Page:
Crown counsel is asking the BC Supreme Court to sentence a proponent of a tax evasion scheme to four and a half years in jail.
PoriskyPhotoAnd while Debbie Arlene Anderson had as many as 100 students, and was described as “significant and essential” to the Chilliwack-based Paradigm Education Group, she was an acolyte of the group’s founder Russell Porisky who received just a four-year sentence.
Crown also asked Justice Neill Brown on Jan. 22 to hand Anderson a fine of just over $35,000. Of that, $22,689.90 is 100 per cent of the income tax she avoided over the years 2005, 2006 and 2007. The further $12,736.82 is for non-remitted GST.
Anderson’s sentencing hearing continued on Jan. 22, but the court heard that she was not ready to respond that day to Crown submissions. Justice Brown agreed to put her over to another day to respond.
It was on Nov. 3, 2017 that Brown convicted Anderson of all four charges she faced: tax evasion and making false statements under the Income Tax Act (ITA), failure to make GST payments under the Excise Tax Act (ETA), and counselling others to commit fraud under the criminal code.
Crown asked for a one-year sentence and a fine for the making false statements under the income tax act; one year to run concurrent for failure to make GST payments; and 3.5 years to run consecutive for the more serious counselling others to commit fraud under the criminal code.
Anderson was a senior “educator” in Paradigm Education Group, which taught paying students that income tax is a violation of human rights, and is optional for individuals who declare themselves “natural persons.”
• READ MORE: Chilliwack woman convicted of tax evasion and counselling others
In finding her guilty in November, Brown said Anderson’s argument to defend her teachings “has no basis in law, is meritless, and must be dismissed.”
The “natural person” theory posits that income tax only applies to the artificial or legal person created in law. If one declares oneself to be a natural person, and enters into specially designed contracts to be paid for services, so goes the argument, income tax can be ignored.
In YouTube videos posted in 2008, and that are still online, Porisky says the reality is that “income tax is nothing more than an internal federal excise tax which is only mandatory for those who choose to work as a legal representative, under an implied contract of service, for the benefit of a federally created legal (artificial) person known as a ‘taxpayer.'”
The problem routinely outlined by the courts is that the teachings are, simply, wrong.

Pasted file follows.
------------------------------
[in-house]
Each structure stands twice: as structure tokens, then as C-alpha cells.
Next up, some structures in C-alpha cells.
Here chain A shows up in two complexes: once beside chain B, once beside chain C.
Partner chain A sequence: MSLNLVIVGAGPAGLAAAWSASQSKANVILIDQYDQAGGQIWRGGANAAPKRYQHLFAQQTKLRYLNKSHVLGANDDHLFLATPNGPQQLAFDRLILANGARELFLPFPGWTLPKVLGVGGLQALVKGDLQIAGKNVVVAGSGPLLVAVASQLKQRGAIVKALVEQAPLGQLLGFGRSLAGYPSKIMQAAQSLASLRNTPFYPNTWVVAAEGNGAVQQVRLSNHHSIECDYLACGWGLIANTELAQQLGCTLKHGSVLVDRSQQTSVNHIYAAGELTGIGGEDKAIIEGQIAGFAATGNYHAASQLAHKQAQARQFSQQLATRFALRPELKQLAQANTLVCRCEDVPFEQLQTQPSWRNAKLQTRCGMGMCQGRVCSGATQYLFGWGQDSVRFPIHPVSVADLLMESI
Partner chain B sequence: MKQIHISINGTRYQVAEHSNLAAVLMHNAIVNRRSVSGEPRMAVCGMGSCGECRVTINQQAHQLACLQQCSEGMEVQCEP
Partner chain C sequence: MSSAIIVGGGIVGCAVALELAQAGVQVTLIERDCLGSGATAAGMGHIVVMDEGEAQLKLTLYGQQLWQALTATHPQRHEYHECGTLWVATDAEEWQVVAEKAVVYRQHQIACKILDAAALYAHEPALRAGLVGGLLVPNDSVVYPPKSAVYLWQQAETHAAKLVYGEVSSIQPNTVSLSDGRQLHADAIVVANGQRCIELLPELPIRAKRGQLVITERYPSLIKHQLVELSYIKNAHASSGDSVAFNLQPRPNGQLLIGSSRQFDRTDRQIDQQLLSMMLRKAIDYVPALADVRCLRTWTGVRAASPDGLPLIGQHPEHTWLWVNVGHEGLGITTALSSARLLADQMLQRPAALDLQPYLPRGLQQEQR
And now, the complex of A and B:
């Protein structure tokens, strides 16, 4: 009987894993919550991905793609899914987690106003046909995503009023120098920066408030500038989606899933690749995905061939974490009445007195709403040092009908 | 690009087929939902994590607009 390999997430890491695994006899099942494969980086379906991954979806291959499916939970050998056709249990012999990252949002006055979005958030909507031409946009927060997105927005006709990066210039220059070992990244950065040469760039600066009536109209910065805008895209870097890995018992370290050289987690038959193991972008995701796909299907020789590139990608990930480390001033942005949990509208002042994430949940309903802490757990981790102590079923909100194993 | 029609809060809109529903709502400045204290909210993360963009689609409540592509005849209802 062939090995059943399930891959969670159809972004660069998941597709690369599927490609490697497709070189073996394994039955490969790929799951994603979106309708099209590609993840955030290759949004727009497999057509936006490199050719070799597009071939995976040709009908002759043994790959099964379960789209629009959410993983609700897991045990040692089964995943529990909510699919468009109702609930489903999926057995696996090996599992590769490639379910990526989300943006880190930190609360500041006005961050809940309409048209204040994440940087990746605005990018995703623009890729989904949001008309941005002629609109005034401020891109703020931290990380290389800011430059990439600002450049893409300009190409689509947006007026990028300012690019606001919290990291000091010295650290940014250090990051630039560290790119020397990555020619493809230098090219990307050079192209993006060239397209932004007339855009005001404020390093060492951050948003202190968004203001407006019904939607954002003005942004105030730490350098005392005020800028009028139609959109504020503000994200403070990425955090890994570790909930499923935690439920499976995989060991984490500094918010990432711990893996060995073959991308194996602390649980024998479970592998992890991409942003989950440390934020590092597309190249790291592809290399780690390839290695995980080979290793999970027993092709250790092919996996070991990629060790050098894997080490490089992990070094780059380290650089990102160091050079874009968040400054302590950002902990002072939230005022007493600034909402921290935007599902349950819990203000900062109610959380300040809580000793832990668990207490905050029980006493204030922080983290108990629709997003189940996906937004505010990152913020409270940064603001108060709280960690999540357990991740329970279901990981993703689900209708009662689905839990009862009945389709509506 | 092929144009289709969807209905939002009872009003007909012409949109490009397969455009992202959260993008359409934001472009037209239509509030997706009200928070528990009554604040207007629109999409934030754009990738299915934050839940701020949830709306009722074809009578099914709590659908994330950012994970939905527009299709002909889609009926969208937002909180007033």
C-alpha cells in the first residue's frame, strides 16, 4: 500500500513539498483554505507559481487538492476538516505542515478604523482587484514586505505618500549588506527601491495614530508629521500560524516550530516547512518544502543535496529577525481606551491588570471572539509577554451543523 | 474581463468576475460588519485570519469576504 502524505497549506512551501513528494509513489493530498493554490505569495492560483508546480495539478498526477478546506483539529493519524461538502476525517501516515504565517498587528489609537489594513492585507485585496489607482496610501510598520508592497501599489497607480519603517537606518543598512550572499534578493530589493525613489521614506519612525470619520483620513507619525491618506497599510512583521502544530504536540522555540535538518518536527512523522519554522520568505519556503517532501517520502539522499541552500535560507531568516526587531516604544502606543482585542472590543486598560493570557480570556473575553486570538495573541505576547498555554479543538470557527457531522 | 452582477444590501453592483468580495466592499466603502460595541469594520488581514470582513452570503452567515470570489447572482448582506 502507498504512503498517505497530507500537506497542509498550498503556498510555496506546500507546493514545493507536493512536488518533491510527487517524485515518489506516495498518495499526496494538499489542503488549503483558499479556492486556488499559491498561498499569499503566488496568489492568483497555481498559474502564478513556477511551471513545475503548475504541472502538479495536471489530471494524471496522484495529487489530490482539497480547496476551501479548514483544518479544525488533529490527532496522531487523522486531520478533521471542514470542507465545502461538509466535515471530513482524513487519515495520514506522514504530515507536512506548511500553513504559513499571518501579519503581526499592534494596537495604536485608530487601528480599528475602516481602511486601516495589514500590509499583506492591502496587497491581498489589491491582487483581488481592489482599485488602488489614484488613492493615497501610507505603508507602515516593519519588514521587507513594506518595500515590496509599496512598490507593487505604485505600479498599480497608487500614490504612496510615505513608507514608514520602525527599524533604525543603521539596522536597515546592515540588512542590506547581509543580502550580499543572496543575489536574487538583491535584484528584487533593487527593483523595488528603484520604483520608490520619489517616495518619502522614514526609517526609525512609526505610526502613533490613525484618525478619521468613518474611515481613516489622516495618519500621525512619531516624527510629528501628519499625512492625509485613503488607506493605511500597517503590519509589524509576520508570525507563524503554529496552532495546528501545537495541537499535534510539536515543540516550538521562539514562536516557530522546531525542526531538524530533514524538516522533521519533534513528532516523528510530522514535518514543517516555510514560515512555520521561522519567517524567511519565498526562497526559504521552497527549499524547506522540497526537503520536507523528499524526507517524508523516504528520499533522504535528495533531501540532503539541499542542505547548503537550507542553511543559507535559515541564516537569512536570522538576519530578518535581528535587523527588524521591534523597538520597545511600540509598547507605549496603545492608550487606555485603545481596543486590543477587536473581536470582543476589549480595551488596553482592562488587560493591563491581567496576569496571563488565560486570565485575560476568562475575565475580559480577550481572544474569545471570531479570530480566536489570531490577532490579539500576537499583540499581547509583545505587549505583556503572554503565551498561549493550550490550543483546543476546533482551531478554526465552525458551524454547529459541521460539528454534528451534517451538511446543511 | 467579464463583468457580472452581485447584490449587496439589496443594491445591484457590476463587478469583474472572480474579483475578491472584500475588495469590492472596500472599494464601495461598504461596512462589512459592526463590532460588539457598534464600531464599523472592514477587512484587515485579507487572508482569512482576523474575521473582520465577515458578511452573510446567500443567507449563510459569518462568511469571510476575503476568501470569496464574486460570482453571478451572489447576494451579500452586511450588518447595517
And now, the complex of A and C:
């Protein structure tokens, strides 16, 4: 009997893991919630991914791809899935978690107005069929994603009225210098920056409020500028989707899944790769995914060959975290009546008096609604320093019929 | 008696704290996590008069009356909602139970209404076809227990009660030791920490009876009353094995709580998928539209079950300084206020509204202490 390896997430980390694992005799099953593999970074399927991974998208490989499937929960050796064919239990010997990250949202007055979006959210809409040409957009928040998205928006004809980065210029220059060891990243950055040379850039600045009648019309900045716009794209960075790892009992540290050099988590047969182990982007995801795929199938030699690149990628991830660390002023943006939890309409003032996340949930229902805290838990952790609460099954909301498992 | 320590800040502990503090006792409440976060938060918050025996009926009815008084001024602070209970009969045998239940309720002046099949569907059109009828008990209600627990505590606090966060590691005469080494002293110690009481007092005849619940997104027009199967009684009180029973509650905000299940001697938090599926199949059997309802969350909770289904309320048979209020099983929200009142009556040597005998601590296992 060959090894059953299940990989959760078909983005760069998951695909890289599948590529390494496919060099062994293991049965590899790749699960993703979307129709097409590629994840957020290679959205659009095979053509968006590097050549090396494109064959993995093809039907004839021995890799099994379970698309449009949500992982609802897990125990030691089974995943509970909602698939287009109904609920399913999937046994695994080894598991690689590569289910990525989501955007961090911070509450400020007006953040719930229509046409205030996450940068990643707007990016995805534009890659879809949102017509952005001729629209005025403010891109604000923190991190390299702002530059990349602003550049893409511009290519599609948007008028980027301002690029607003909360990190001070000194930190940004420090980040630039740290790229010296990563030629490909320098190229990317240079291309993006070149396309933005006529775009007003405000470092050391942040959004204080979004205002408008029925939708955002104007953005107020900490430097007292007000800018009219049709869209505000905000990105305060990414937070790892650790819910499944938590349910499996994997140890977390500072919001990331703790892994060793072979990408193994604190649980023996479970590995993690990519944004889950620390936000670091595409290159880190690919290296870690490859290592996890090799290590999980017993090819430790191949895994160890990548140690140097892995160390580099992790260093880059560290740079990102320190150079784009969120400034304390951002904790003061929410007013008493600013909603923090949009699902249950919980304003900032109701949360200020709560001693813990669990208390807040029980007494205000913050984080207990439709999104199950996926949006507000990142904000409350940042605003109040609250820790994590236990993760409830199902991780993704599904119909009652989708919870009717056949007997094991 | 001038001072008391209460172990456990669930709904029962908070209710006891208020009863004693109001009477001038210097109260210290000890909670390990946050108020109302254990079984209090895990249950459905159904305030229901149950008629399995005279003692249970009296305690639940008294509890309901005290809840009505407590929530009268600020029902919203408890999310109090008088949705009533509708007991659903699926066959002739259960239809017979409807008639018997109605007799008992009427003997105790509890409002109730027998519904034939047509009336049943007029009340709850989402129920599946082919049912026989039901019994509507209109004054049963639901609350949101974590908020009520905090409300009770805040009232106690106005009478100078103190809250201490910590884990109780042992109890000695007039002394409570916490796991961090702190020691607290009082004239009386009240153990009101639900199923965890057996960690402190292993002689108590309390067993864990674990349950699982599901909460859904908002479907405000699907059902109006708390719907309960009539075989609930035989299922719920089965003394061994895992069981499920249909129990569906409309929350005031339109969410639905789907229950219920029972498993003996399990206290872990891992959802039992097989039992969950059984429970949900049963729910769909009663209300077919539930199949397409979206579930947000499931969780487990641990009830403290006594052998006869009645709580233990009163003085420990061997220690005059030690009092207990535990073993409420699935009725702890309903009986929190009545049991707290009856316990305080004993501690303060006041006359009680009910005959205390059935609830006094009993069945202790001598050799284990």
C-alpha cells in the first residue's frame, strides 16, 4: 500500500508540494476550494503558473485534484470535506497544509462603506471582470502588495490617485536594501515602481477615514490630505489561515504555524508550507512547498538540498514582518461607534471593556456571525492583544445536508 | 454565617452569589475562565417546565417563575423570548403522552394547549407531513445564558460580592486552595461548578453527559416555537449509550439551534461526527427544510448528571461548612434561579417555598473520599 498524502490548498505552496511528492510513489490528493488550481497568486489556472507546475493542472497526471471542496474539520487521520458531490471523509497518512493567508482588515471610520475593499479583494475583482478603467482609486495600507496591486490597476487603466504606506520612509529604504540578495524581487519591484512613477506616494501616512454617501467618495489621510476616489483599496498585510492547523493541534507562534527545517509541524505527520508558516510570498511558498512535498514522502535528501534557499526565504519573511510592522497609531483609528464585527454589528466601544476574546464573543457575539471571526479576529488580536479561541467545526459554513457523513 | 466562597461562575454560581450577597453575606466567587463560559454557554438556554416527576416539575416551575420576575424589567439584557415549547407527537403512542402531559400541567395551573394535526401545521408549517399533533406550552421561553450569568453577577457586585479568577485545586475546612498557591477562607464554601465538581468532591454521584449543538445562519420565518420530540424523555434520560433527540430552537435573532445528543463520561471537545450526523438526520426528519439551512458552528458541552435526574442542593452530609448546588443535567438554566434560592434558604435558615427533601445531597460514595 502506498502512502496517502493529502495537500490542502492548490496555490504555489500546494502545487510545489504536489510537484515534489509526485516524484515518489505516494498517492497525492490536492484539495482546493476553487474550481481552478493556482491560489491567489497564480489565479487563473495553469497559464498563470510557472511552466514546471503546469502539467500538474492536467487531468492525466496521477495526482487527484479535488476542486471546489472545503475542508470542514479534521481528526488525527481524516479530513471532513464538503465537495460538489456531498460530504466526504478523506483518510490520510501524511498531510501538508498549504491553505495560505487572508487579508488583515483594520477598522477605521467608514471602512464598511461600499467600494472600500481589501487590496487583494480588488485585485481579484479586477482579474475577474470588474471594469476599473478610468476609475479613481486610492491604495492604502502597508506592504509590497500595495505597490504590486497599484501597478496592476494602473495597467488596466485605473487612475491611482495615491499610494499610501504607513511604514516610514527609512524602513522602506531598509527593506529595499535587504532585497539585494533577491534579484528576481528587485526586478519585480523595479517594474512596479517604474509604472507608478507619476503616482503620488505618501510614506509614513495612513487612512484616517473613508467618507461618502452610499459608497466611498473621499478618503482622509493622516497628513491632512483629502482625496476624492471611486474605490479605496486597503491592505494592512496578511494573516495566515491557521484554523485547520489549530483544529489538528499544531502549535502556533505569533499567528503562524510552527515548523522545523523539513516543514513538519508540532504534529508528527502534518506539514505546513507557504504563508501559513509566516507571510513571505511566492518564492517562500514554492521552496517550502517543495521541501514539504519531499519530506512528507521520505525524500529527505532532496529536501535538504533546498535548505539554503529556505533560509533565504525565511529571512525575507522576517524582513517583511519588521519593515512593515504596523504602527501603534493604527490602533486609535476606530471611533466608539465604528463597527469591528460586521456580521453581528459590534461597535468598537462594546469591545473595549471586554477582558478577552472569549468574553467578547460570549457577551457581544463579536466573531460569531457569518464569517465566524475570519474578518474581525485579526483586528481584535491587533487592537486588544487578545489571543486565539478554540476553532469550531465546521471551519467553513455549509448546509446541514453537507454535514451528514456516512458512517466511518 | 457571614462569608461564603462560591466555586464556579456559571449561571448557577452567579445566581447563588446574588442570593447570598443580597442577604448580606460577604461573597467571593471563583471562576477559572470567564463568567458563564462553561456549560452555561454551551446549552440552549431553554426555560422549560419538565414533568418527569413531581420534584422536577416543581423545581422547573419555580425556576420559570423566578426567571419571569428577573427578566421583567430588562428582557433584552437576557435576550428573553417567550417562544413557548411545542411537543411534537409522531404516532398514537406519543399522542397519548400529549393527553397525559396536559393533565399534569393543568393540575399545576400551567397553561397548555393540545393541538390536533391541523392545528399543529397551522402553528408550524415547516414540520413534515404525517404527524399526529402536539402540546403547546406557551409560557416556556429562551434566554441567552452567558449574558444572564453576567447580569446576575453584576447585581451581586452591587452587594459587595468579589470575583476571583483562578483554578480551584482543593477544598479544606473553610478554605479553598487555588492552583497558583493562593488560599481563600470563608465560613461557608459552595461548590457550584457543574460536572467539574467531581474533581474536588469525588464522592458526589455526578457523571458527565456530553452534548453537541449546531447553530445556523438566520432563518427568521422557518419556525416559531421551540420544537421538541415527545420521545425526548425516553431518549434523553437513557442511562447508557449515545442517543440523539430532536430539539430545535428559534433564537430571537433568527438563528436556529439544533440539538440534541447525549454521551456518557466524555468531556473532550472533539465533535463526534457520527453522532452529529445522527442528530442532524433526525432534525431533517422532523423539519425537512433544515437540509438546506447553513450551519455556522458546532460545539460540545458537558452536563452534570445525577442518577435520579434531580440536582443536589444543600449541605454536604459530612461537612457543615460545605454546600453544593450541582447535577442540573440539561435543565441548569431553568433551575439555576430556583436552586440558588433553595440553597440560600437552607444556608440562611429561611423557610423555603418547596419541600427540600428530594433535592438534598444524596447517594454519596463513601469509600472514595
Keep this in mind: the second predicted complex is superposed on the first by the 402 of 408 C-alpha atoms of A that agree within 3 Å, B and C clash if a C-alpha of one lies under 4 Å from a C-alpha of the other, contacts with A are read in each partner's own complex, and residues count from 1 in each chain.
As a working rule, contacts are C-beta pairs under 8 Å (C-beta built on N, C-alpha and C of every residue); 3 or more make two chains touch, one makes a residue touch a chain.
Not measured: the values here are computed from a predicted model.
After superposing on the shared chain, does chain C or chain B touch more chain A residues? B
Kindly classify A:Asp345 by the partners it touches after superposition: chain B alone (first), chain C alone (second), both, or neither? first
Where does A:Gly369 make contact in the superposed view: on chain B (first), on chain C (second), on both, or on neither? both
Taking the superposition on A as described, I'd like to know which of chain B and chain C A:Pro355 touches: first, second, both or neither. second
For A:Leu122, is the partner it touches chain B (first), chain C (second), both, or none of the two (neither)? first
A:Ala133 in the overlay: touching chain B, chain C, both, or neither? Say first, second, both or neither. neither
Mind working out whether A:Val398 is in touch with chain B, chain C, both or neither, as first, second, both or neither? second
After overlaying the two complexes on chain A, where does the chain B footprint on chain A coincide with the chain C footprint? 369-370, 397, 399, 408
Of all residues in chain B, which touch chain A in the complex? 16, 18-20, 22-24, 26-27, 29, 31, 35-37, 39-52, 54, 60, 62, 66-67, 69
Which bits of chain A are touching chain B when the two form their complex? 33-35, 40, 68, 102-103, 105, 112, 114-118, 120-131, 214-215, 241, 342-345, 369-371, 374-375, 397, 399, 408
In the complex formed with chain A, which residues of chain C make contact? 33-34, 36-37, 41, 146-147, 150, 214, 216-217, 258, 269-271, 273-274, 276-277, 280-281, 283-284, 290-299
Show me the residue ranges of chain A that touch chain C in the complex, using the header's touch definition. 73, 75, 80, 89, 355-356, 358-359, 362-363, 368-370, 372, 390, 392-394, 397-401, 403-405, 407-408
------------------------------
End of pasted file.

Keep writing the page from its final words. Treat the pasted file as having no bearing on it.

During the court proceedings last year and again at the sentencing hearing Jan. 22, Anderson has made a number of unusual statements and confusing proclamations. Asked if she was going to again continue without a lawyer, Anderson responded: “No, I’m not, she said. “I’m not here on my voluntary consent either.”
Twice in the first five minutes of the hearing, Anderson stood to say something similar about not being present on her own consent. Justice Brown responded that in 10 years sitting on the bench he had never encountered an accused who so often disobeyed order in the court by interrupting and talking over him.
“This is a courtroom,” he told her. “You have to respect the decorum.”
She also had something to say about her being referred to by Crown and the judge as “Ms. Anderson.”
“I do not consent to being referred to as Ms. Anderson. That is not my name.”
Crown told the court that Anderson was essential to the Paradigm teachings. During the trial, the court saw a video where she taught not just paying students but other educators how to maximize their businesses.
“She made her living promoting the scheme.”
Anderson’s mentor Porisky was sentenced on July 29, 2016 to four years in jail and fined $260,000. His partner Elaine Gould was sentenced to one day in jail and was fined $38,242. The duo’s fraudulent counselling to more than 800 students resulted in an estimated $11 million in income tax evasion.
Anderson had as many as 100 students, the court heard, who typically paid seven per cent of money earned as a fee for the educational materials that outlined how to arrange financial affairs so as to not pay taxes. She, herself, earned at least $165,000 over 2005, 2006 and 2007, and declared zero income for the first two years and did not file an income tax return for 2007.
Another Porisky follower, Michael Spencer Millar, who also represented himself, was sentenced Feb. 28 to two-and-a-half years in jail for following the debunked theory.
Anderson’s sentencing hearing is scheduled to continue March 5.
READ MORE: Follower of Chilliwack-based tax protest scheme off to jail